Molecular Vision 2012; 18:488-494 <>
Received 6 December 2011 | Accepted 16 February 2012 | Published 19 February 2012

Molecular analysis of the PAX6 gene for congenital aniridia in the Korean population: Identification of four novel mutations

Shin Hae Park,1 Man Soo Kim,1 Hyojin Chae,2 Yonggoo Kim,2 Myungshin Kim2

1Seoul St. Mary’s Hospital, Department of Ophthalmology and Visual Science, College of Medicine, The Catholic University of Korea, Seoul, Korea; 2Department of Laboratory Medicine, College of Medicine, The Catholic University of Korea, Seoul, Korea

Correspondence to: Myungshin Kim, M.D., Department of Laboratory Medicine, College of Medicine, The Catholic University of Korea, 505 Banpo-dong, Seocho-gu, Seoul 137-701, Korea; Phone: 82-2-2258-1645; FAX: 82-2-2258-1719; email:


Purpose: To analyze the paired box gene 6 (PAX6) in Korean patients with congenital aniridia.

Methods: Genomic DNA was isolated from peripheral blood leukocytes of 22 aniridia patients in 18 unrelated families. Polymerase chain reaction was performed for all 14 exons of PAX6 followed by bidirectional sequencing.

Results: Fourteen different kinds of mutations were detected in 16 of 18 unrelated families (mutation detection rate: 88.9%), including four novel mutations; c.658G>T (p.Glu220*), c.464delG (p.Ser155Thrfs*52), c.87_90dupTGTA (p.Glu31Cysfs*26), and c.642A>C (p.Arg214Ser), among which the former three mutations induce premature termination of PAX6 protein translation. Approximately 92.9% of identified mutations lead to the premature termination of the protein resulting from 7 nonsense mutations (50.0%), 3 splicing errors (21.4%), 2 deletions (14.3%), and 1 insertion (7.1%).

Conclusions: Most of the mutations identified in Korean aniridia patients lead to the premature truncation of the PAX6 protein, supporting that PAX6 protein haploinsufficiency causes the classic aniridia phenotype. We also found four novel PAX6 mutations associated with aniridia.


Congenital aniridia (OMIM 106210) is a rare ocular malformation that affects the development of multiple ocular structures and is caused by a mutation in the paired box gene 6 (PAX6) located on chromosome 11p13 [1-3]. Iris hypoplasia is the most obvious sign, but a broad spectrum of disorders can manifest [2-4]. Many patients have corneal opacities, cataracts, nystagmus, and foveal and optic nerve hypoplasia. Aniridia typically causes severe visual impairment; the major causative factor of this condition is foveal hypoplasia [5].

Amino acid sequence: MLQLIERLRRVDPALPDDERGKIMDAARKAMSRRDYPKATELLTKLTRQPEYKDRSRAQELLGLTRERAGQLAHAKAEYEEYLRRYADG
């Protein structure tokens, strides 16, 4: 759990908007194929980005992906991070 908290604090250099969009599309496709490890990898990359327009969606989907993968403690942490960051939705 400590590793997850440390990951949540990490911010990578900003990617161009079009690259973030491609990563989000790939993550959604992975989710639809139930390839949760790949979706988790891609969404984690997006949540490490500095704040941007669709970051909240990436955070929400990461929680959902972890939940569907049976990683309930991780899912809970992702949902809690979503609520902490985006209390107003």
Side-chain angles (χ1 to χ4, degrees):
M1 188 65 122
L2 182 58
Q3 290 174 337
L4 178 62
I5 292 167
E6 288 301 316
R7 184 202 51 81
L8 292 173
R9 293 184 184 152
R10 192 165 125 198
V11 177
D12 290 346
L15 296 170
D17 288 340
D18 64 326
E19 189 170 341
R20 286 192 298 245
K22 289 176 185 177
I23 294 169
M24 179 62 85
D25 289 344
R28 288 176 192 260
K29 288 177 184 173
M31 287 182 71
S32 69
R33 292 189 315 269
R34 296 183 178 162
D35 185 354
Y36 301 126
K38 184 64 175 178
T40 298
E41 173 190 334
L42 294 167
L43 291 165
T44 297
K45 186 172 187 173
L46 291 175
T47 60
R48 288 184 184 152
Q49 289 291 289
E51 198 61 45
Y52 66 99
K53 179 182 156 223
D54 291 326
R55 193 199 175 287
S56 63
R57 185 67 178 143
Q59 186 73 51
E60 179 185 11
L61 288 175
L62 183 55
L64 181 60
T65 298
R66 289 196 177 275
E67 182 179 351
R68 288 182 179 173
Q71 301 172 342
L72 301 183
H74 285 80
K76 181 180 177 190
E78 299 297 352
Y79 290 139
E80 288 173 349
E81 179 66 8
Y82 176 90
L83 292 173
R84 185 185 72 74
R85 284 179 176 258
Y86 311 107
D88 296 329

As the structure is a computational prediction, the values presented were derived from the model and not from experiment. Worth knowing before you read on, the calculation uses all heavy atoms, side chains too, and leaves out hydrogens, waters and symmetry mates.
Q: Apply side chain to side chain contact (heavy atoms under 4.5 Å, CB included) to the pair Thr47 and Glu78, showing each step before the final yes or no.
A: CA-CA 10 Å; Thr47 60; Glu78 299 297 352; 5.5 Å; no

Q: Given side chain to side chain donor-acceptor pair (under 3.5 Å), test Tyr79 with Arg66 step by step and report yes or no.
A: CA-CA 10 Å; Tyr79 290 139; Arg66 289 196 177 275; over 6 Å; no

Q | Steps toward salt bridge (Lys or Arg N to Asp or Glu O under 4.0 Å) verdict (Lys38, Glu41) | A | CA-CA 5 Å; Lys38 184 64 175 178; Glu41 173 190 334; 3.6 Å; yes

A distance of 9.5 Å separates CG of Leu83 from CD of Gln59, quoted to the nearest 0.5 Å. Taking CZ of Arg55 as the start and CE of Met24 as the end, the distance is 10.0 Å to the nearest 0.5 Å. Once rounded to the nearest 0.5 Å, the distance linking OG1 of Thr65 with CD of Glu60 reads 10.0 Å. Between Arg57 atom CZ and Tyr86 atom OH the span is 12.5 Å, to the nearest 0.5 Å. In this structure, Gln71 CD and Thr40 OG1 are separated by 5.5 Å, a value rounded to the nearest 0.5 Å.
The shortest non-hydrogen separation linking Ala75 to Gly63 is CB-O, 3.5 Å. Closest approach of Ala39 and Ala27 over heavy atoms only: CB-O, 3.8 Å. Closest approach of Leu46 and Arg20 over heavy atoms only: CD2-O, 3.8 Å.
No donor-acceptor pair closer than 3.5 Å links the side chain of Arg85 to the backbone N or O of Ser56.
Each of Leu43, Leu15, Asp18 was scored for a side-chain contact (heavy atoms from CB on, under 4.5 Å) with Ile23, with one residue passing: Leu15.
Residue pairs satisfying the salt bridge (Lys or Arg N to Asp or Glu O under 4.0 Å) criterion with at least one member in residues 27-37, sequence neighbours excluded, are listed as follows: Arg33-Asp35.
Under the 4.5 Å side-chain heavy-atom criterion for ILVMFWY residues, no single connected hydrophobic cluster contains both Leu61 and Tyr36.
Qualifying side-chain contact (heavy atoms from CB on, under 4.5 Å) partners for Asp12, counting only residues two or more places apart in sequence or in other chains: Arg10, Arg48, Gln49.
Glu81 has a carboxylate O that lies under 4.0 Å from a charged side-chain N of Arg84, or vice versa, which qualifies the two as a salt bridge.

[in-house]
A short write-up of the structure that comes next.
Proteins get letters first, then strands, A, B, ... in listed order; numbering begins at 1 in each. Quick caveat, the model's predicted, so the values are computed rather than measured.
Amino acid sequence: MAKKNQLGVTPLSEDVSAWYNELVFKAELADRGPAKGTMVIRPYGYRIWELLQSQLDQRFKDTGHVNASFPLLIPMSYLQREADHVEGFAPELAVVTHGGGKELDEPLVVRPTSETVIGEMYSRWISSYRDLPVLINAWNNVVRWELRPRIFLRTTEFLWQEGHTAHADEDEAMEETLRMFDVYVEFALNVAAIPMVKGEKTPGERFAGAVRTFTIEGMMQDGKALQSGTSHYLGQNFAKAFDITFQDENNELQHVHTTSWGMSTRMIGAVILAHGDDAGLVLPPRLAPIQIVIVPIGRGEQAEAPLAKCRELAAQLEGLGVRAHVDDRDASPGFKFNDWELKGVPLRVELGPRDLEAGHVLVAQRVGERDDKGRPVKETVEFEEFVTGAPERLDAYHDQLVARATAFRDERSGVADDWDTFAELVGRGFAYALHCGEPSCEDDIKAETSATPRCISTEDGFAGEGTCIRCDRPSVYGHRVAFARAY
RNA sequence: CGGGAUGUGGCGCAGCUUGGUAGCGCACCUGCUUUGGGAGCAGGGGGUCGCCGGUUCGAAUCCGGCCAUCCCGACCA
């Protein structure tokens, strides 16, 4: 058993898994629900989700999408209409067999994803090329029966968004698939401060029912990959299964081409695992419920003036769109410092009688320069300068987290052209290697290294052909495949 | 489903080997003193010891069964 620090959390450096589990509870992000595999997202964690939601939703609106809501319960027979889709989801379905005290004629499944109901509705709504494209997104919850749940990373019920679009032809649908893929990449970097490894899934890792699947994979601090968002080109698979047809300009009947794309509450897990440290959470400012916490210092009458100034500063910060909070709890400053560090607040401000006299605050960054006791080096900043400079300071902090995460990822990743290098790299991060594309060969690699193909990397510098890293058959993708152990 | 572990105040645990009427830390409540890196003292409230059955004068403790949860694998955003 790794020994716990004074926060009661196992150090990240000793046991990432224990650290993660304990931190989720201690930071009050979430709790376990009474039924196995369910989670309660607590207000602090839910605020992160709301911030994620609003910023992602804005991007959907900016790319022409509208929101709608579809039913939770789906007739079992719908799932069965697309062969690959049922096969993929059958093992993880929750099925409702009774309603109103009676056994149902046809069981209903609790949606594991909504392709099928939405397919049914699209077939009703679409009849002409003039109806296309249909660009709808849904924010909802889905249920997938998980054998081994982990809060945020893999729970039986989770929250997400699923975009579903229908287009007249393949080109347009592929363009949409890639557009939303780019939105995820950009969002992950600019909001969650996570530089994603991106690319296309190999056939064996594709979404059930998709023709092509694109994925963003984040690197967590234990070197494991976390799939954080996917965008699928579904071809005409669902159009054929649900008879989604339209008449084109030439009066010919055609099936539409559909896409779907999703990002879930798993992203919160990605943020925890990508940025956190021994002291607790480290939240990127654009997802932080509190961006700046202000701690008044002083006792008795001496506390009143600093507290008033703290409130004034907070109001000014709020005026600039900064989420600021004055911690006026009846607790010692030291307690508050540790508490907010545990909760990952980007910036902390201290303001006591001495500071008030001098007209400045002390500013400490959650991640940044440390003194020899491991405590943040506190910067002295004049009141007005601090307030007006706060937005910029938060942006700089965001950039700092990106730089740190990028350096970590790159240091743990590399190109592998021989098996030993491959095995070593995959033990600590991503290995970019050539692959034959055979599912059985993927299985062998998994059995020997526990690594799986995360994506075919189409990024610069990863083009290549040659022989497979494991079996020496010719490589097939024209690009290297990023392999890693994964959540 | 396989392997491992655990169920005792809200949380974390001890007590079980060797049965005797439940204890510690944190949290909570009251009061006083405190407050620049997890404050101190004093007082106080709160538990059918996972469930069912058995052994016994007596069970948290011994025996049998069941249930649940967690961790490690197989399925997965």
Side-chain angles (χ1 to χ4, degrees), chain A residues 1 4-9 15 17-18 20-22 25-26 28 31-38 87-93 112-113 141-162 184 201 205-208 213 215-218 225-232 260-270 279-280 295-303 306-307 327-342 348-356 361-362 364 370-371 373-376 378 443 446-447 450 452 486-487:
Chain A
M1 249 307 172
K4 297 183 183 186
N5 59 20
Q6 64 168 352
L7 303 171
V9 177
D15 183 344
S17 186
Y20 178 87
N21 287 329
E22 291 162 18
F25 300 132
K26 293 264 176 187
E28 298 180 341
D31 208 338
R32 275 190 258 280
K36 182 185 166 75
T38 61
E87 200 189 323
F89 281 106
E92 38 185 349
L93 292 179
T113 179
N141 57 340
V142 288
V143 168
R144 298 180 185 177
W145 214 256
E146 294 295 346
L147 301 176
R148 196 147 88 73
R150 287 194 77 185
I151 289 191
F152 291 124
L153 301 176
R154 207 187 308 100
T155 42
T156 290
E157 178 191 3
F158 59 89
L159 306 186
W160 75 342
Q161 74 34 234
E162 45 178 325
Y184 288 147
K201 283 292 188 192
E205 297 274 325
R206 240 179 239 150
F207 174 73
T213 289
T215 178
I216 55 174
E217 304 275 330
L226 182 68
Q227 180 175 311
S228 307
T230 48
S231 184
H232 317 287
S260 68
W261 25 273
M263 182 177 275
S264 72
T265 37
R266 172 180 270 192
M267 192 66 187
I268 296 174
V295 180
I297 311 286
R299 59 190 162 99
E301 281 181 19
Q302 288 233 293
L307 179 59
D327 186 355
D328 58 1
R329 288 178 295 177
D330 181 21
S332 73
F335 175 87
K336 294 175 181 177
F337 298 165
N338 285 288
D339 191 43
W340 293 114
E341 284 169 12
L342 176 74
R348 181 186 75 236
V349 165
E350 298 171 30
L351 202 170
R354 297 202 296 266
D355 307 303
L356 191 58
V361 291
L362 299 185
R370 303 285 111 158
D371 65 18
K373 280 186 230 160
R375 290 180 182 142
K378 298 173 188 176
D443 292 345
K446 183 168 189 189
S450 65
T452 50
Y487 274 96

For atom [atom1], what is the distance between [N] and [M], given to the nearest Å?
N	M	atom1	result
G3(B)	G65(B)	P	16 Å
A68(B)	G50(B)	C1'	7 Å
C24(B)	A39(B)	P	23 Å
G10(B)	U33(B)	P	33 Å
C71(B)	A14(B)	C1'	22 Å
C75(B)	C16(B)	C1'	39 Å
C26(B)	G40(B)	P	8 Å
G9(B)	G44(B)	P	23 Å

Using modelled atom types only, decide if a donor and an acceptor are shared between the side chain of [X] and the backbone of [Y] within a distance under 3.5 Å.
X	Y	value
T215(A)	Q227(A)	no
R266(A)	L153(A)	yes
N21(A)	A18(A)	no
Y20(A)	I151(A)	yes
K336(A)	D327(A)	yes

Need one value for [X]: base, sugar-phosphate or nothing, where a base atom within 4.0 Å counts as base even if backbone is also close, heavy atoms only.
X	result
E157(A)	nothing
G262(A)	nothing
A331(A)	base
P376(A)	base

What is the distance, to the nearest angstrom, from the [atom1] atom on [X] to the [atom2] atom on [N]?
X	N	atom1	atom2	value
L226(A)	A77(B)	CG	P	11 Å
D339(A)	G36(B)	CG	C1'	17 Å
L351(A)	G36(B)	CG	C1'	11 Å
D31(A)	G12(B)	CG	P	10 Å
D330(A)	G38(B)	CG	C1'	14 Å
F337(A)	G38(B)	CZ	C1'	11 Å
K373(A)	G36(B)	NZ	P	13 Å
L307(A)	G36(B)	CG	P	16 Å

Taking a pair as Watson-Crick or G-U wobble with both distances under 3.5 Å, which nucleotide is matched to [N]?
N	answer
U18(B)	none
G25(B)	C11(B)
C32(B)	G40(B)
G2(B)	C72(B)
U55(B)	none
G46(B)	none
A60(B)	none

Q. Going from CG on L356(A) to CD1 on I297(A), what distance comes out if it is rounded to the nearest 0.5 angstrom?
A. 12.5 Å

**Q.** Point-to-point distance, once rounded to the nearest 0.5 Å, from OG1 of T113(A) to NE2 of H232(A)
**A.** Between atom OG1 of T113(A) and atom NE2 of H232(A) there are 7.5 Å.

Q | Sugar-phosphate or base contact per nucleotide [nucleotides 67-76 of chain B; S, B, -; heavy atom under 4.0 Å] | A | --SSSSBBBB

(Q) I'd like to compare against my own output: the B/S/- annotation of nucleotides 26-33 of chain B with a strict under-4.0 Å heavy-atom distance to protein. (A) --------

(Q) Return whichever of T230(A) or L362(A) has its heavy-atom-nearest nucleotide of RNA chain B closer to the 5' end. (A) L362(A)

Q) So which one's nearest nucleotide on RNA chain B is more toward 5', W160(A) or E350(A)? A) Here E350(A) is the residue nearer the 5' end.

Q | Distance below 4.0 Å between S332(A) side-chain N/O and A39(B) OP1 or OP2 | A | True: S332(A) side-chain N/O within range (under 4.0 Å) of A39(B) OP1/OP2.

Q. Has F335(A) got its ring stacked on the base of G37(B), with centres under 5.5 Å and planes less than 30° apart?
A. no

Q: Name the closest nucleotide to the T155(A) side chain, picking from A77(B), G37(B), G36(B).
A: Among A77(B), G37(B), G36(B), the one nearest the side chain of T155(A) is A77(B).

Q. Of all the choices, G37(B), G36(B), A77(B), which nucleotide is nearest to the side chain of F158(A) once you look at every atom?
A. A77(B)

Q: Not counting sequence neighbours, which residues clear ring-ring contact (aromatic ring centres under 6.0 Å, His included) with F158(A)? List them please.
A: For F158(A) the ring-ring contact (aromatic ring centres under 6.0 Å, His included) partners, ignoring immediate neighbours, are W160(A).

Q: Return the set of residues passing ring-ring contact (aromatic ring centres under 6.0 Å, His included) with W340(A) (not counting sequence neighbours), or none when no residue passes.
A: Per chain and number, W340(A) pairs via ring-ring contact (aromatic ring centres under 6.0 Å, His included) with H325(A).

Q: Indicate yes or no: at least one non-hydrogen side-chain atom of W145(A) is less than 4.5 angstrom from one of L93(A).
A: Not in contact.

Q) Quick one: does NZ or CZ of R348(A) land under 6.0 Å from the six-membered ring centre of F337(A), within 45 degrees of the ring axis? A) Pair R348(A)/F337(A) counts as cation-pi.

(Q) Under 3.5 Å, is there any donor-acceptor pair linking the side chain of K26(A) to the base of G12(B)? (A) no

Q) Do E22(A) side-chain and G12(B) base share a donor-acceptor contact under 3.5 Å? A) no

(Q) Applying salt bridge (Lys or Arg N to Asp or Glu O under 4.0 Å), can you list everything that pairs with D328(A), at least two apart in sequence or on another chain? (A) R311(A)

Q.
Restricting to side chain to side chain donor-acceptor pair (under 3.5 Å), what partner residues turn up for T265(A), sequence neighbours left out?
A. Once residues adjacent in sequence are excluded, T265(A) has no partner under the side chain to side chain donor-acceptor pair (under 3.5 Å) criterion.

The incidence of congenital aniridia ranges from 1:64,000 to 1:96,000 [5]. In two-thirds of the cases, it is inherited in an autosomal dominant fashion with almost complete penetrance and variable expressivity; and the remaining one-third of the cases are sporadic [1,6,7]. Some sporadic cases have a risk of developing Wilms tumor as a part of WAGR (Wilms tumor, aniridia, genitourinary abnormalities, and mental retardation; OMIM 194072), which is caused by deletion of both PAX6 and Wilms’ tumor gene (WT1) in the 11p13 region.

PAX6 was isolated as a candidate gene for aniridia by positional cloning in 1991 [8]. Heterozygous mutations are found in about 40%–80% of all non-syndromic aniridia patients [1,9-11]. Numerous PAX6 mutations have been detected in aniridia patients (Online Human PAX6 Allelic Database), and premature termination of the PAX6 protein is the most frequent type of mutation [11].

Although about 60 cases of congenital aniridia have been reported in Korea since the first report in 1977, little is known about the molecular characterization of congenital aniridia in Koreans [12-15]. Here, we analyzed PAX6 in 22 Korean aniridic patients and identified the genetic aberrations and genotype-phenotype correlations.


This study was approved by the Ethics Committee of Seoul St. Mary’s Hospital, The Catholic University of Korea (KC11RISI0722). Informed consent was obtained from the patients.

We evaluated 22 patients in 18 unrelated aniridia families in Seoul St.Mary’s Hospital. The age, gender, visual acuity, family history, and previous ocular history of the patients were recorded. Thorough ocular examinations were performed, including best-corrected visual acuity (BCVA), intraocular pressure (IOP), and refractive measurement and slit lamp biomicroscopy of the anterior segment and fundus. After receiving informed consent, blood samples were collected from all patients for DNA extraction and PAX6 analysis.

Genomic DNA was isolated from peripheral blood leukocytes with the QIAmp DNA Mini Kit (Qiagen, Hamburg, Germany). The DNA was quantified spectrophotometrically using a ND-1000 (Nanodrop Technologies Inc., Wilmington, DE). All 14 exons (including an alternatively spliced exon 5a) of PAX6 were amplified using the primers as previously described (Table 1) [10]. For all amplicons, the genomic DNA was denatured at 95 °C for 5 min followed by 35 cycles of denaturation at 95 °C for 30 s, annealing at 60 °C for 30 s, extension at 72 °C for 1 min, and final extension at 72 for 5 min. The PCR products were examined by agarose gel (1.5%) electrophoresis followed by staining the gel in ethidium bromide (0.5 μg/ml), which then was visualized under ultraviolet (UV) light in a gel documentation system (Gel Doc 1000; Biorad, Hercules, CA). PCR amplicons were bidirectionally sequenced with the Big Dye terminator v3.1 cycle sequencing kit (Applied Biosystems, Foster City, CA) using the ABI PRISM 3100 Genetic Analyzer (Applied Biosystems). RefSeq ID: NM_000280.3 was used for cDNA nucleotide numbering.


Ocular phenotypes

Table 2 shows the ocular phenotypes of 22 patients in 18 unrelated families tested. The male/female ratio was 0.59. The percentage of sporadic cases was 36.4%. The mean age of the patients was 19.4±14.7 years. Total aniridia was demonstrated in 20 patients and partial aniridia in 2 patients (patients 6-1 and 17). Glaucoma, cataracts, keratopathy above grade II, and foveal hypoplasia were also observed in addition to iris aplasia in the patients, as detailed below. Nephroblastoma did not develop during the follow-up period.